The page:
Crude oil bears are scattering after China is signaling they will start to open their markets and take steps to guard foreign intellectual property. The speech by the Chinese President seems to suggest that President Donald Trump’s tactics of playing hardball is having the desired effect. China, of course, had its currency pegged to the dollar until 2014 and has charged many countries unfair tariffs and realized that they were trying to defend undependable trade practices.
The energy sector ranked the last in sector performances in 2017. In June 2017, crude oil traded at a low of $42.37 per barrel and many analysts expected lower prices with a target of $40 or lower as energy market sentiment has been bearish. Crude oil turned bullish in August 2017, when it broke a pattern of lower lows and lower highs by failing to take out the June low.
Friday’s steep declines in the markets were driven by weak employment report and a war of words between the United States and China, but seemed to have been shrugged off in Asia trade. While trade tensions and geopolitical risks are likely to keep the appetite for risk in check, investors will have new information to digest this week, particularly earnings from big banks and U.S. inflation data.
Crude oil is trying to hold ground after Friday’s fear-based market sell-off. Tariff fears and then talks of global growth fears after a sub-par jobs report, not to mention a rising rig count, sent oil lower. Yet, we also have current strong demand, falling OPEC productions and a possibility of a major reaction by the United States after Syria allegedly crossed the chemical weapons line in the sand.
Instead of pickin’ a guitar or banjo, and I do play five instruments like everyone here in Nashville, I’m tryin’ to pick some market directions early using a 3-day chart, in case you want to follow along. I must predict next week’s markets earlier this week (on April 4) due to being out of town April 5 and 6. Let’s see how I do, modifying time frames with next week’s pivots not yet well formed nor fixed in place until Fri. close--I’m pivotless!
U.S. crude oil production is at a record high but supplies of oil keep falling. Did you stop to wonder why? Well, there are many reasons, such as record demand, but a larger issue has to do with shale oil. Yesterday’s oil initially rallied on a report that Saudi Arabia was raising crude prices for customers showing that they are confident about demand and not worried about losing market share.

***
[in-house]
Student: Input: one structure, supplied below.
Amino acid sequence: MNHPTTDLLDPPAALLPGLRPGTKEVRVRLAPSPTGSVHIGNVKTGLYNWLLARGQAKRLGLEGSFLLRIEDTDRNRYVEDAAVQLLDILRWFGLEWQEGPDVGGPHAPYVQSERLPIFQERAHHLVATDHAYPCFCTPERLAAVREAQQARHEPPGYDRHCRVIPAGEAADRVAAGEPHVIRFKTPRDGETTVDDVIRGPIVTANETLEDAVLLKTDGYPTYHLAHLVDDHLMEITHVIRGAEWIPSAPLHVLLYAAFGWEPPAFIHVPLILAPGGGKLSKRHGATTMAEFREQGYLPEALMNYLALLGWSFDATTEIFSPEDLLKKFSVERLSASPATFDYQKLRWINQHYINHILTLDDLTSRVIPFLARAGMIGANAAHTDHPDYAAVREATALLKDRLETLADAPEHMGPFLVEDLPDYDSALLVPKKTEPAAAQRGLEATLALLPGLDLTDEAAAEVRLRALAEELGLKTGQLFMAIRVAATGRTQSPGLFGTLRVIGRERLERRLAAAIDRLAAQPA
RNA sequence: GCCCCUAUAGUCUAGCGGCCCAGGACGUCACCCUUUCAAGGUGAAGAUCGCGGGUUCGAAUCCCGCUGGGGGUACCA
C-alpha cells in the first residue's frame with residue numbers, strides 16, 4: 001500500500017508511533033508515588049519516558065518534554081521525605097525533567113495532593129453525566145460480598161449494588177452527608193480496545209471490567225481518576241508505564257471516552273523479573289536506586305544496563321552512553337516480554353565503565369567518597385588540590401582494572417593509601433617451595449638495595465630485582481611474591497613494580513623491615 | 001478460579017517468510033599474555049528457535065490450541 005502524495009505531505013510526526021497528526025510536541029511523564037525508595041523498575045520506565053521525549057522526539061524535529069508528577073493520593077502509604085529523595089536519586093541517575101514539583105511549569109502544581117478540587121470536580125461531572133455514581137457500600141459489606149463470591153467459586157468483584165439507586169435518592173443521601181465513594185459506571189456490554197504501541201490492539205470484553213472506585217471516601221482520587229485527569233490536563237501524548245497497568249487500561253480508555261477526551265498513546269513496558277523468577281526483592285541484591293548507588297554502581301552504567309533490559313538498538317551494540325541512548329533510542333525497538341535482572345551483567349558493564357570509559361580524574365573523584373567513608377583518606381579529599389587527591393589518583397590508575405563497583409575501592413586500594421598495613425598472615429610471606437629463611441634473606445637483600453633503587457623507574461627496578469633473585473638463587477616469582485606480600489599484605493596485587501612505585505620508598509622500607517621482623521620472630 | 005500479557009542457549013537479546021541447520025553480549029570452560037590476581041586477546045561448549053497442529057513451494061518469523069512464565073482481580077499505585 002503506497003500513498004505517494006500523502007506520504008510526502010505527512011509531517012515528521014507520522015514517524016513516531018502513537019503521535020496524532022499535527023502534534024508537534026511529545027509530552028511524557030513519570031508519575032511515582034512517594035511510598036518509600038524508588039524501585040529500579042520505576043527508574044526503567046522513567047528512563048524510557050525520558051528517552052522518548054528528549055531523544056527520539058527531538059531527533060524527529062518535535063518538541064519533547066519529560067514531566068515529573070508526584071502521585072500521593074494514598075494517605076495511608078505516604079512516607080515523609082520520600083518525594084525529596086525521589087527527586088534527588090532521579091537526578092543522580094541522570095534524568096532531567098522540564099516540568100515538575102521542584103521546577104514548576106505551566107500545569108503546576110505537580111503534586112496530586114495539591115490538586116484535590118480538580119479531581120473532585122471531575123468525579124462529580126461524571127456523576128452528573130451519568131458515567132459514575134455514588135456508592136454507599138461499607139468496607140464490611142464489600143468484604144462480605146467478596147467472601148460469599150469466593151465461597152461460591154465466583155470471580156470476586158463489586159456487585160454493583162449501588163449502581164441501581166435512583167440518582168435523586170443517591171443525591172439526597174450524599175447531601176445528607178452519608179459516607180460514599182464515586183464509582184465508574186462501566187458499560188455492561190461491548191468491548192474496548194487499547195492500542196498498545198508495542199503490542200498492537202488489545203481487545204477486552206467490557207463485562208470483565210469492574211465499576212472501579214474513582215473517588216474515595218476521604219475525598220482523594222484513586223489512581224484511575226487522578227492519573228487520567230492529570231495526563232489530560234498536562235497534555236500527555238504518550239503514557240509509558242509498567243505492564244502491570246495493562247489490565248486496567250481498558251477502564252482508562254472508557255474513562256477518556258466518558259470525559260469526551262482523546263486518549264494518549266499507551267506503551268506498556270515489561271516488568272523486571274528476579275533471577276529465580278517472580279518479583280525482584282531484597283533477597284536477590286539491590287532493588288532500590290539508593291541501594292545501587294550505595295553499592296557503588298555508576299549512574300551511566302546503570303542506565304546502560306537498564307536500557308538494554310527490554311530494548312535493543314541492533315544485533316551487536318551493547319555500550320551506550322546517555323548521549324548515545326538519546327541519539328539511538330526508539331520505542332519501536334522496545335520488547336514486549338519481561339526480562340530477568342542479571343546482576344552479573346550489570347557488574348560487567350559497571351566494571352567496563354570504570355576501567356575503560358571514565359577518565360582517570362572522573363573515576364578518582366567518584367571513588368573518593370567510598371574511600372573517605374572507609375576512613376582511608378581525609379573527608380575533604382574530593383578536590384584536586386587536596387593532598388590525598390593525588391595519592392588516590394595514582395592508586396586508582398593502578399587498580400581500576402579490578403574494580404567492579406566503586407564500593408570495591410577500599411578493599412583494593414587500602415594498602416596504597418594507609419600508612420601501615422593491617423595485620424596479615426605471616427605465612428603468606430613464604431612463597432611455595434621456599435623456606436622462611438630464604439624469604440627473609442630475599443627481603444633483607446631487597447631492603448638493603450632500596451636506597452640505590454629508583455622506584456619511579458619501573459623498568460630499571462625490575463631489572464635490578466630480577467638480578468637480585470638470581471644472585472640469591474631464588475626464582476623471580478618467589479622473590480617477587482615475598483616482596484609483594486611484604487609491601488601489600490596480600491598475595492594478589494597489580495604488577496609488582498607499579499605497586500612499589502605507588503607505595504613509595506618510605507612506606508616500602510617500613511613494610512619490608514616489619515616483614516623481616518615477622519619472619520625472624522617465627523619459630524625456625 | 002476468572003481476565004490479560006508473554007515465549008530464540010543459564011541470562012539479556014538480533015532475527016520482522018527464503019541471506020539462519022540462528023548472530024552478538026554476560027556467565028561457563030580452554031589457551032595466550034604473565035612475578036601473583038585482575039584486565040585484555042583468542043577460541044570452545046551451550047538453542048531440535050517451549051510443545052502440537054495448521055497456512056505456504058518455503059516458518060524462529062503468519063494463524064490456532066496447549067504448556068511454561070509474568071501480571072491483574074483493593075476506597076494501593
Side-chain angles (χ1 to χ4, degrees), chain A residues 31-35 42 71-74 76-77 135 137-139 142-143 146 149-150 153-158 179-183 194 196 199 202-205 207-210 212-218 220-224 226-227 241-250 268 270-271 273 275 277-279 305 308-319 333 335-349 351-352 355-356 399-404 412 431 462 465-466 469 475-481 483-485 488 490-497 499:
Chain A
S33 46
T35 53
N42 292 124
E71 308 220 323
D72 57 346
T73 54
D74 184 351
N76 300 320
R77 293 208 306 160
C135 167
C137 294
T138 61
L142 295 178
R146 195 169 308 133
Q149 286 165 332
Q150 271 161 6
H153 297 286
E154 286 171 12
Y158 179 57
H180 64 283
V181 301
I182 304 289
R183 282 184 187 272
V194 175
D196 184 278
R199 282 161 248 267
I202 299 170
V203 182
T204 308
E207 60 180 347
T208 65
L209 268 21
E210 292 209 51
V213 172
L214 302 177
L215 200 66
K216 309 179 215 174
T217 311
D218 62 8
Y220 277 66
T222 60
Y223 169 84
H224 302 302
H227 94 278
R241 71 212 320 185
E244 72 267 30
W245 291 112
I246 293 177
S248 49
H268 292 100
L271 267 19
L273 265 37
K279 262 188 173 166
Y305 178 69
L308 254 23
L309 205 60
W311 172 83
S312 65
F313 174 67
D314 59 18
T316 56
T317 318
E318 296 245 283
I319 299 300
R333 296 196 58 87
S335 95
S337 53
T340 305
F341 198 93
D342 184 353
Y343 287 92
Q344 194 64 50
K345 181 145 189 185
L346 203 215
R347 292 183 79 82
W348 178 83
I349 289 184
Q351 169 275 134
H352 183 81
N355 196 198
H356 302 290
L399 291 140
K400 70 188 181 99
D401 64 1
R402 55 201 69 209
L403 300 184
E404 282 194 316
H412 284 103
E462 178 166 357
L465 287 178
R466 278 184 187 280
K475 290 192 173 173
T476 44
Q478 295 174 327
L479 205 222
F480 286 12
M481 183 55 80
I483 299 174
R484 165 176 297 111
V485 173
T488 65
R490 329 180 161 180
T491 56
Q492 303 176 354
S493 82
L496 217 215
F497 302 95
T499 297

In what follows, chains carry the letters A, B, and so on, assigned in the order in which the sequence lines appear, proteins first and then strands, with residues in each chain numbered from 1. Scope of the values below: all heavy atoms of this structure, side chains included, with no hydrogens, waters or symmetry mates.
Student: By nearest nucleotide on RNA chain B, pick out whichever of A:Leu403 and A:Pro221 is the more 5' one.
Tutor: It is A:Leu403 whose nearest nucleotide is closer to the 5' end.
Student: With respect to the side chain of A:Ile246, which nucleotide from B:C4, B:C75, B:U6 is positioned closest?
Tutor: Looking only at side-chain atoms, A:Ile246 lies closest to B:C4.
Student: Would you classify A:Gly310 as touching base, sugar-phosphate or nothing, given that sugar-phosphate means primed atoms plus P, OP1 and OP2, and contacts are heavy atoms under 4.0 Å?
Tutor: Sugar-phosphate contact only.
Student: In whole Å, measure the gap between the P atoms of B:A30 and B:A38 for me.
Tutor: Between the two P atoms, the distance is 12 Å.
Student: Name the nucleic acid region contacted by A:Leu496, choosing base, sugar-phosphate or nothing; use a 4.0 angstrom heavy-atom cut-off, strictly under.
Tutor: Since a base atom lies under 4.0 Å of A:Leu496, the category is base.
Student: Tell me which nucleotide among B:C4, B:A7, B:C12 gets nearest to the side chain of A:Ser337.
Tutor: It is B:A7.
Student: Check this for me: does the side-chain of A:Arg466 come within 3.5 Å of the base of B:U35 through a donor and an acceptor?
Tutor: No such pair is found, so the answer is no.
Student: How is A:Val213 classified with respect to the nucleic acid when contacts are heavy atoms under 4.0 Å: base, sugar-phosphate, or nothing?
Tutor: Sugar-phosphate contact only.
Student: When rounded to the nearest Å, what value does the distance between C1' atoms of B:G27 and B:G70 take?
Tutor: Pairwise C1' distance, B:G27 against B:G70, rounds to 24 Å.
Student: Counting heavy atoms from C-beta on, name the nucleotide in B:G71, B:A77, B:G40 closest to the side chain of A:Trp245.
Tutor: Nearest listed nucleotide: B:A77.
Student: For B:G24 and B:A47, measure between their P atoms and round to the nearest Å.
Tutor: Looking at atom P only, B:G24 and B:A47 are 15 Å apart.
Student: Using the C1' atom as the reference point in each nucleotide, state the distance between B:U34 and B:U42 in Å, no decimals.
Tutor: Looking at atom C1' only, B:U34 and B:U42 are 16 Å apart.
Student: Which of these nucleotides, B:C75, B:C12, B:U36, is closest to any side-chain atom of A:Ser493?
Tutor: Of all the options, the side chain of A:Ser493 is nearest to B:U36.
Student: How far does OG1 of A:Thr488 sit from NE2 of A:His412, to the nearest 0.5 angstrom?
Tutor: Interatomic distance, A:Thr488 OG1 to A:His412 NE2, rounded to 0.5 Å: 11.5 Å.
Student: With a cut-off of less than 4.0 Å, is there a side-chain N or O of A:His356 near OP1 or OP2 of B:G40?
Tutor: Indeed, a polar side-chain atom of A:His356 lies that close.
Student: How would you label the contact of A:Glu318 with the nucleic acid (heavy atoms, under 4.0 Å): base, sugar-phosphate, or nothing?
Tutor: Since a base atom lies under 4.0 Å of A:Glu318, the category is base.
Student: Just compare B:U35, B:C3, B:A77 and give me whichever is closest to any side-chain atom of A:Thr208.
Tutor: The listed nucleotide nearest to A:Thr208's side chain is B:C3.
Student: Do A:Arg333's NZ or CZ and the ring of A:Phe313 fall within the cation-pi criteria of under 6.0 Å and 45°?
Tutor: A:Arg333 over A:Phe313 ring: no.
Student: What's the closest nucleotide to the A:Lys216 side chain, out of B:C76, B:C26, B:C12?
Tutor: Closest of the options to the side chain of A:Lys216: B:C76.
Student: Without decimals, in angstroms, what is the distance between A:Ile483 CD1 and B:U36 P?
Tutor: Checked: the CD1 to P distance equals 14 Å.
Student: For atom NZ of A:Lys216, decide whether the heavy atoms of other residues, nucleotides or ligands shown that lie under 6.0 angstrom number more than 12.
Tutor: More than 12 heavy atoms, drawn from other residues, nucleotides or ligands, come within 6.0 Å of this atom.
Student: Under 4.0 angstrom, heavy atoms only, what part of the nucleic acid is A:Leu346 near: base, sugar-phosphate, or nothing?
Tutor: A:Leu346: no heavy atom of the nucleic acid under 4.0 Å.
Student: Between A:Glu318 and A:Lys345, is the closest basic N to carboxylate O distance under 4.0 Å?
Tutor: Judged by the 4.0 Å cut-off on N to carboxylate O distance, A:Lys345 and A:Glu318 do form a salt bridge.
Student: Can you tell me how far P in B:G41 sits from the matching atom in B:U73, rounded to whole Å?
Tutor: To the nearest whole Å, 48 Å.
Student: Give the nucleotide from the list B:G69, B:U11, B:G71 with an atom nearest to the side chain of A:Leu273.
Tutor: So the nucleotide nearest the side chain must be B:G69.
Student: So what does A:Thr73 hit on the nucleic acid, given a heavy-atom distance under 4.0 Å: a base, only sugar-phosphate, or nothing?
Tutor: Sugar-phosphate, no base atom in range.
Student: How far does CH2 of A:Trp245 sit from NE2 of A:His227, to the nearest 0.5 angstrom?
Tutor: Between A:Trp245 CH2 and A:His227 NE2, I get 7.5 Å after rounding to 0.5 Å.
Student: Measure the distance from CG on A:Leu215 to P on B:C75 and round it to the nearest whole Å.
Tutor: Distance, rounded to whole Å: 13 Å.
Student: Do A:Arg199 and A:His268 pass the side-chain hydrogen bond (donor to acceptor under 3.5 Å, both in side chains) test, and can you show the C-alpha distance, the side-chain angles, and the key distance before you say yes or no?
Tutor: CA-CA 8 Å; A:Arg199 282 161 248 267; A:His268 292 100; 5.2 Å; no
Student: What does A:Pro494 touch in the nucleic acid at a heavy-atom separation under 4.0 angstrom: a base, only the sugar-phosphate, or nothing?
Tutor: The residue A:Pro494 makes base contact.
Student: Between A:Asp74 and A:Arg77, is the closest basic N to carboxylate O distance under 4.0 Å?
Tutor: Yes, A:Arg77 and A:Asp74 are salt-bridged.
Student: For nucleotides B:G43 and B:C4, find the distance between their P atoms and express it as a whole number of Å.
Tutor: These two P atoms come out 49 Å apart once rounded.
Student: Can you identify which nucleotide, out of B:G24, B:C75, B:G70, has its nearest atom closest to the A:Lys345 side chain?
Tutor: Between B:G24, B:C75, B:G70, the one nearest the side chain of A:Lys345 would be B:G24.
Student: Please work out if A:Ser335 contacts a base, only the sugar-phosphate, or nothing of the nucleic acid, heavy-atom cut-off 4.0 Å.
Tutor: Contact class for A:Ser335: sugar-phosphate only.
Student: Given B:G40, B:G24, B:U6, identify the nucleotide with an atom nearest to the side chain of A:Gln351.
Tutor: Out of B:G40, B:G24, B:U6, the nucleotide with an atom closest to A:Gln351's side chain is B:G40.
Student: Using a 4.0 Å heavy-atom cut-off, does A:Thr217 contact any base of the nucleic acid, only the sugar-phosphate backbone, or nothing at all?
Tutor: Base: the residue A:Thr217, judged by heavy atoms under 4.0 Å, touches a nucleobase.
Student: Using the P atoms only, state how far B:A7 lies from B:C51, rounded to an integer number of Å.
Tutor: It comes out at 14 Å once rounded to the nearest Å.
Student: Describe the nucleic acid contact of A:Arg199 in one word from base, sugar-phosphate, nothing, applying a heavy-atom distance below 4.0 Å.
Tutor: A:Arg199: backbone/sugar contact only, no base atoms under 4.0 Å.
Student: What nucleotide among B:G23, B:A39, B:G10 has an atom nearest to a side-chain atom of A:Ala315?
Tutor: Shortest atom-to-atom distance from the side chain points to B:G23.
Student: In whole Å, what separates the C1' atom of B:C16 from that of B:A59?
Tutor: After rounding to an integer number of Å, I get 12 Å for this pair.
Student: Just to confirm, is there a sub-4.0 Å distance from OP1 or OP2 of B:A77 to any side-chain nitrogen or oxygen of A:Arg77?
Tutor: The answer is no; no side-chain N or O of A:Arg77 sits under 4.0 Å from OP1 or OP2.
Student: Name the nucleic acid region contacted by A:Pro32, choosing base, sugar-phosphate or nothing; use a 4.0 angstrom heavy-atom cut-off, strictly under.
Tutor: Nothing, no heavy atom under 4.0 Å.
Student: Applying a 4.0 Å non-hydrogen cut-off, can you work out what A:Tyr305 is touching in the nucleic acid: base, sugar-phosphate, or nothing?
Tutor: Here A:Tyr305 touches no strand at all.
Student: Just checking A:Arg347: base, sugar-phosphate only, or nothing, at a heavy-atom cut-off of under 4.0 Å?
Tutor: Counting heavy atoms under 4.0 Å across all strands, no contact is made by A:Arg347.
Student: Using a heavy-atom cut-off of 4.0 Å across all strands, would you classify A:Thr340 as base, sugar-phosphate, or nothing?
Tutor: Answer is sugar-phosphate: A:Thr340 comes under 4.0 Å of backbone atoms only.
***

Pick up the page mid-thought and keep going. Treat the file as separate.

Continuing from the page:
In 2007 crude oil began the year priced at $60 per barrel. By July 11, 2008, it rose to $145.66, which was a nearly 150% increase, and a 31.6% increase in a little more than half a year. Southwest Airlines (LUV) was the only airline that hedged its largest variable cost. Southwest was paying $30 per barrel less than most of its competitors. In a little over five months later, on Dec. 26, WTI had dropped all the way down to $32.34. That’s a 77.8% decrease.
Planes and cars and steel is one thing, but now it’s serious because we are talking soybeans. China decided to hit at the heart of U.S. China trade by taxing the beloved American soybean. The move was viewed by the market as the first real sign that the potential trade war is serious because China loves and need U.S. soybeans. Historically, China introduced the United States to the soybean and we have been happy to sell them back to them.
Crude oil might have hit the gas pedal, but equity investors have been left on the sidelines as energy stocks continue to struggle even as the price of crude rallies. Energy stocks seem like an easy way to play the recovery in crude prices, but the disappointing performance of most energy funds tells a different story.
It ’s often a complicated question, and when it comes to markets, the “why” often takes a backseat to the “what” that is happening and “how” it should be traded. Nonetheless, it can be worthwhile to understand why a market relationship occurs, so that you can adjust more quickly than the competition when the relationship inevitably changes.